Tuesday, March 27, 2012
We all have places in our lives where we might draw a “line in the sand” so to speak. The problem comes, sometimes, in identifying where those lines need to be drawn. Regarding theological matters, we need to be able to articulate those with whom we could cooperate with as Christians or at least affirm them as fellow believers and those who we would regard as being so out of bounds theologically that we could not affirm them as fellow believers. For me, that decision comes down to three simple questions, or more particularly, how they answer those questions. In order to affirm someone as a fellow believer, I would want them to answer “Who is God?”, “Who is Jesus?”, and “What is the Gospel?”
Who is God?
For me to consider someone a Christian, I would want to know first of all who they think God is. Is God just some mysterious force a la George Lucas? Is He the “god of our many understandings” as Episcopal Bishop Gene Robinson said? Do Muslims worship the same god as Christians or is the God Christians worship distinct from Allah, making Allah a false god?
For me to be willing to cooperate with someone in gospel ministry or to at least affirm them as a fellow Christian, they would have to acknowledge God as a Trinity—one God, three distinct but co-equal, co-substantial, and co-eternal beings who are all equally God. Further, they would have to recognize God as the One who spoke the world into existence out of nothingness, therefore being the Creator of the universe. That creation would also include the special creation of the first two human beings on the planet—Adam and Eve. I would also add that they must recognize His holiness—His total separation from sin. In addition, they would also have to recognize Him as a truth-telling God meaning that when He spoke He spoke truth. In other words, the Bible totally is inerrant and inspired (the Chicago Statement does a good job of giving the singular definition of inerrancy, what it is, and what it is not). In short, someone who could not affirm verbal, plenary inspiration and the inerrancy of scripture including all miracles and the historicity of all events recorded is basically calling God a liar. They would be outside the brick wall.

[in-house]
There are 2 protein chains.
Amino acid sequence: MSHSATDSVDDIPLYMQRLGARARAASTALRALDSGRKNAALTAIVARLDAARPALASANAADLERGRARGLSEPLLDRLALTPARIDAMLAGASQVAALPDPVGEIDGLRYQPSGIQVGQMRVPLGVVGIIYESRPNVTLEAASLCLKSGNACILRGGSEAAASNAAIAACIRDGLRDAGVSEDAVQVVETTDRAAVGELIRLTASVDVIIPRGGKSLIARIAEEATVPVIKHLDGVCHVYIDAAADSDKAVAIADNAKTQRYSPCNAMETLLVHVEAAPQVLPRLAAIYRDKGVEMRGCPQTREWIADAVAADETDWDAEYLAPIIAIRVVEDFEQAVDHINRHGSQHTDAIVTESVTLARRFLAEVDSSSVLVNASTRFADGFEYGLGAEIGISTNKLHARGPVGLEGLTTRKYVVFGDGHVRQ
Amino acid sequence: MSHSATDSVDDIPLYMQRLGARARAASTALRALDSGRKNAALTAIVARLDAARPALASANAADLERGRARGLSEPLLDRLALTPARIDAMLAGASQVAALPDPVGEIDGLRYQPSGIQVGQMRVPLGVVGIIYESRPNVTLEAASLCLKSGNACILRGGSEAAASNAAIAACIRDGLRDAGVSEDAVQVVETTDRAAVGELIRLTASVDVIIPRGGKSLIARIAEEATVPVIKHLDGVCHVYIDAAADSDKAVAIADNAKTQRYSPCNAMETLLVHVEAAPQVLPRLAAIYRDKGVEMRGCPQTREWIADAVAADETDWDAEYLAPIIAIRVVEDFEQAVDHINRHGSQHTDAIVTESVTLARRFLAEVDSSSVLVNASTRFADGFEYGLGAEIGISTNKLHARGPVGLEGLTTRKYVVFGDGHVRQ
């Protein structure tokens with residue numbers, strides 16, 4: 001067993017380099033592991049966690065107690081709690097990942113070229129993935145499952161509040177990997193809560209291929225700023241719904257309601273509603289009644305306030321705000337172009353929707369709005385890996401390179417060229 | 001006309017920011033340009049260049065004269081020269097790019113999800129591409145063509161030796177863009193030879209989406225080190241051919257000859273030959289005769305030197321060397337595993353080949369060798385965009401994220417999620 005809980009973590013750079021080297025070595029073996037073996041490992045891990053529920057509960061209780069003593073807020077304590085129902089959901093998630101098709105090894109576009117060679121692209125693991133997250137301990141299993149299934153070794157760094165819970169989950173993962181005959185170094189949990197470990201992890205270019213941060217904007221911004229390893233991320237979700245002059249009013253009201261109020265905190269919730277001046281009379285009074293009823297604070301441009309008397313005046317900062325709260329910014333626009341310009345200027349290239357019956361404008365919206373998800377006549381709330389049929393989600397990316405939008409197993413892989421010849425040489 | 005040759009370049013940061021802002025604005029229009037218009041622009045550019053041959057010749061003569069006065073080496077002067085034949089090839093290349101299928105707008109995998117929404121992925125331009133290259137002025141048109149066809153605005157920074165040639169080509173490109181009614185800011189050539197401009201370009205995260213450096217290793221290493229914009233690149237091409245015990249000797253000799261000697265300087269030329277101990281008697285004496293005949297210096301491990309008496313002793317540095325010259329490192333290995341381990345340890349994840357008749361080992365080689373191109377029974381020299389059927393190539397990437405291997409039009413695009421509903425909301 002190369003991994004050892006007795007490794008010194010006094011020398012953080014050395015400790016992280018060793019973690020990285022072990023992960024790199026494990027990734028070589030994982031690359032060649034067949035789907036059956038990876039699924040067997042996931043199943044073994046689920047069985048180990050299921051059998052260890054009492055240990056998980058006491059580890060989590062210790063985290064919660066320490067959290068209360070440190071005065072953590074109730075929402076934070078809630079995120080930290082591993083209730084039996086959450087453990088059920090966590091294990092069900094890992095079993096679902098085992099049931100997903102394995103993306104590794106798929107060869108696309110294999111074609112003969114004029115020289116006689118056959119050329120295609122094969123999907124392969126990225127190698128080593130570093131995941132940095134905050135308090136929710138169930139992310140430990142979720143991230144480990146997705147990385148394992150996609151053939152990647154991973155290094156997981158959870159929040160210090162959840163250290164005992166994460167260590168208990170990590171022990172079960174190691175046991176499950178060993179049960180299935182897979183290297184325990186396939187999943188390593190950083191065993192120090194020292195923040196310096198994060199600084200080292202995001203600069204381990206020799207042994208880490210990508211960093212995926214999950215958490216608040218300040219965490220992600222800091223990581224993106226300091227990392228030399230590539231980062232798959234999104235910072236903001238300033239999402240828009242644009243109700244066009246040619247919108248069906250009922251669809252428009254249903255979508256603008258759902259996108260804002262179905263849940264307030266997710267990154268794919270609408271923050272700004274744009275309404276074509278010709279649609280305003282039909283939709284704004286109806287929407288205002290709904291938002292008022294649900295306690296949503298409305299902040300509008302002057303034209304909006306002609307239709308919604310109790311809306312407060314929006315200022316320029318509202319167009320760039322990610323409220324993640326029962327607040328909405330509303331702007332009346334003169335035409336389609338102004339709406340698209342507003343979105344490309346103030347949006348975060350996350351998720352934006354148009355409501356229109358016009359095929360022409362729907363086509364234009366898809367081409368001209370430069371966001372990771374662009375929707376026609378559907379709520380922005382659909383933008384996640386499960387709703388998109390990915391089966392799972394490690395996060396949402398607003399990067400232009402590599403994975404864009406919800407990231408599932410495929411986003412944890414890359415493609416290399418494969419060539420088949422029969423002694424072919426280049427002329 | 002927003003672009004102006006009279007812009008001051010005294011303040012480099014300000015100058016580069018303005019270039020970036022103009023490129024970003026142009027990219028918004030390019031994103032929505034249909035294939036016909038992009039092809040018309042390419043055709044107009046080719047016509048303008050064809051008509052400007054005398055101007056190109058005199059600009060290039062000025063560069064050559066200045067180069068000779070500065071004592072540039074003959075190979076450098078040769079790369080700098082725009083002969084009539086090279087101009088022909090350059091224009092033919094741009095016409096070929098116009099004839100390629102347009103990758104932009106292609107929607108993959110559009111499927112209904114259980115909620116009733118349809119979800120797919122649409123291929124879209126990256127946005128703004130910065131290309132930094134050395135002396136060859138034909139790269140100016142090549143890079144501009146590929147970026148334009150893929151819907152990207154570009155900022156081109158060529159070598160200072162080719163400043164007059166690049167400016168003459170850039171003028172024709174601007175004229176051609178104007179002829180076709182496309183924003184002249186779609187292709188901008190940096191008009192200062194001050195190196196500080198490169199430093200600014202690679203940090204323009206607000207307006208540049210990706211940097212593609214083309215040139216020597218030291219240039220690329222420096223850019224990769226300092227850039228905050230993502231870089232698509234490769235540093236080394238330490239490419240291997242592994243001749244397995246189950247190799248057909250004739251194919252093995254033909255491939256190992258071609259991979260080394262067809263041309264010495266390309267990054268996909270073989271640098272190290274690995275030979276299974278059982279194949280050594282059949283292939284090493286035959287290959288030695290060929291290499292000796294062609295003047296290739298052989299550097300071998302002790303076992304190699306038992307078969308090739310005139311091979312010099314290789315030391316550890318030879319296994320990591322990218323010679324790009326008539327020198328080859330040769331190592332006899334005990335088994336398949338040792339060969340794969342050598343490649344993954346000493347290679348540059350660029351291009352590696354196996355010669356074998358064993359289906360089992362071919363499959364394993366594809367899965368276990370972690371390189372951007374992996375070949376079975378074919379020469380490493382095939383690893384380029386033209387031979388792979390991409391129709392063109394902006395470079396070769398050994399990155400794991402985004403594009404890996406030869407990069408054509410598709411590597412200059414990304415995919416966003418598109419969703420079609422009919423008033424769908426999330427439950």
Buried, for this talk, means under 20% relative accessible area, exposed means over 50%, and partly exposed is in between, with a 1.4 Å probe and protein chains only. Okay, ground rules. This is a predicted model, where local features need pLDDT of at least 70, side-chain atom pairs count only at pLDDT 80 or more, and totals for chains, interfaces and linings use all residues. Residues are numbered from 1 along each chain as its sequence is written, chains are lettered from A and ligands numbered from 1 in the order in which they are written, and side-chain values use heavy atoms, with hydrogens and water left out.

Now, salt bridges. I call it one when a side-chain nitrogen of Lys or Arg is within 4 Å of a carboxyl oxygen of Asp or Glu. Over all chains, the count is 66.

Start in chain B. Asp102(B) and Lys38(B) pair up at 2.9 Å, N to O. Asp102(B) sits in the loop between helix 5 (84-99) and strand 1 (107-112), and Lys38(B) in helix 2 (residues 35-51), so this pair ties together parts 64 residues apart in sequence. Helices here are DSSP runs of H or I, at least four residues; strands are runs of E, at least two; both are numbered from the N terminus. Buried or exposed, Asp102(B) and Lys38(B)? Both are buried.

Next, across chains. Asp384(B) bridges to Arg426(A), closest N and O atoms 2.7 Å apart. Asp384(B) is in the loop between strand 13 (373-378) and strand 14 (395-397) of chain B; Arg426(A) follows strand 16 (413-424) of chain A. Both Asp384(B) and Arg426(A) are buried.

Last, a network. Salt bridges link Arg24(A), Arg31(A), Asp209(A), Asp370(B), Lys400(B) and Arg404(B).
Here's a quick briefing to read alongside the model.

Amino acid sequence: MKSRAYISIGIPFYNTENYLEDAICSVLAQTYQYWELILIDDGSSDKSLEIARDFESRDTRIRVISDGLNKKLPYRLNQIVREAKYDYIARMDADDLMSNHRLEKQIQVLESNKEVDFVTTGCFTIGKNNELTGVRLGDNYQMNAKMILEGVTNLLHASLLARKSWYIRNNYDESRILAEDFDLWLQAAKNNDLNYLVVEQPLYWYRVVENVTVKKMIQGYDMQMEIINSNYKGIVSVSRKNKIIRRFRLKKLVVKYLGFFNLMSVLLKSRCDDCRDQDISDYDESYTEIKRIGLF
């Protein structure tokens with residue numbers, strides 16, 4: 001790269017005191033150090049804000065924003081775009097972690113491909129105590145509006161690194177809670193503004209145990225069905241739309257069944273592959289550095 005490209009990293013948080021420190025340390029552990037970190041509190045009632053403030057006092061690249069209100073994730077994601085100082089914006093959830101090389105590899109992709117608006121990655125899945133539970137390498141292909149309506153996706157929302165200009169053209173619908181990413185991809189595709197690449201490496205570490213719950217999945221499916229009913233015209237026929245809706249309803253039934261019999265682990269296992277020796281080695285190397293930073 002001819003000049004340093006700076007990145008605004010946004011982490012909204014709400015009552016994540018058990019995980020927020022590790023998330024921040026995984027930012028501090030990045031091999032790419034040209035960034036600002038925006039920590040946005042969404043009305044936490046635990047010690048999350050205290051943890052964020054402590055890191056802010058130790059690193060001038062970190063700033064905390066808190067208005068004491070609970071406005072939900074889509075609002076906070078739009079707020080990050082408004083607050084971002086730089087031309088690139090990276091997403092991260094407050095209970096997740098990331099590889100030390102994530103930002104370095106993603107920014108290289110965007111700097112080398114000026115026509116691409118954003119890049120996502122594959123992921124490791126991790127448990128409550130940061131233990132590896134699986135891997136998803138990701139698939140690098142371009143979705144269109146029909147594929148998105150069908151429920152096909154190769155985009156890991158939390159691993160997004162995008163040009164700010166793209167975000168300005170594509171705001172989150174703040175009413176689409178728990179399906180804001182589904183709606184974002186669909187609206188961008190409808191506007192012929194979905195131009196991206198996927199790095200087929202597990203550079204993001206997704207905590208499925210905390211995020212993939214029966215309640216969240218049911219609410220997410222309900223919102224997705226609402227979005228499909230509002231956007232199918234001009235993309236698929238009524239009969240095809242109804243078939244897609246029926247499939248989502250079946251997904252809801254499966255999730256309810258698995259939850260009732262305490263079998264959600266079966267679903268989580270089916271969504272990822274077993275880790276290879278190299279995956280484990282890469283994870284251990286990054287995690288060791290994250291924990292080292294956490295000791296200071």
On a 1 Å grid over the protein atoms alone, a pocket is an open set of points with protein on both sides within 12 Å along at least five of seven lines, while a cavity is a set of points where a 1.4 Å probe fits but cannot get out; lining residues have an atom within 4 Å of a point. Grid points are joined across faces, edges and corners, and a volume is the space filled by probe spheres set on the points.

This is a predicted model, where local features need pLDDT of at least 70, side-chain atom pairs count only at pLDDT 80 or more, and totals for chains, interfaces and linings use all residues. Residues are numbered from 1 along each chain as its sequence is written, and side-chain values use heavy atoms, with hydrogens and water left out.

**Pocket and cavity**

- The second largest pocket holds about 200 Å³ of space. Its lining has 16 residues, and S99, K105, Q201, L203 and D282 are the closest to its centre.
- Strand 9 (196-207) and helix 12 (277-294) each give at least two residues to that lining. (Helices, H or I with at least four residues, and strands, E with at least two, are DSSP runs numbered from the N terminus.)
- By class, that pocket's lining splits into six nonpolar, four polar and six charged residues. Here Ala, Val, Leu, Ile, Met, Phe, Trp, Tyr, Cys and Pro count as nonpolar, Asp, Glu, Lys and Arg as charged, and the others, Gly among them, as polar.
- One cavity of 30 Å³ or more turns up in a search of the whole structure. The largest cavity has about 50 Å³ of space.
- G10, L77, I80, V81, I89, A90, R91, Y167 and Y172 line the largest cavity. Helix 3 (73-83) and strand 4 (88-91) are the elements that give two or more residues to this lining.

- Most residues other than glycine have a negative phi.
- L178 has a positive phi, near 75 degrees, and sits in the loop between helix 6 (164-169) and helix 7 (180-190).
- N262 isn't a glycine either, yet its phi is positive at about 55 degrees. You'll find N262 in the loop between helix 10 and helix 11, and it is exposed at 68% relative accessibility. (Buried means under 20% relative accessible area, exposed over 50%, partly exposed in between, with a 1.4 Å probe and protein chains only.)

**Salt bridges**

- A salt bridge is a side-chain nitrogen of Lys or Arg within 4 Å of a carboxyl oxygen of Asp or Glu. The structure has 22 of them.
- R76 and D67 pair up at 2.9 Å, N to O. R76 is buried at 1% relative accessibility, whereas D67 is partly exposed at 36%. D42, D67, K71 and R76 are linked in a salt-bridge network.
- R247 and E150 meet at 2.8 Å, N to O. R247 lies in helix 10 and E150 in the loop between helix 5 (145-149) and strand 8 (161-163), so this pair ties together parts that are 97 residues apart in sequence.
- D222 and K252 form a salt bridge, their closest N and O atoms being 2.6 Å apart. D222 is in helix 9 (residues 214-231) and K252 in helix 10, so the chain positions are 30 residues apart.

Obviously, there is no way to adequately define a doctrine of God in a short blog post. However, those points above hit the major highlights of what I would consider non-negotiable items. If a person were to deny any one of those, I could not regard them as Christians or fellowship with them as such.
Tomorrow and Thursday I will post my answers to the other two questions.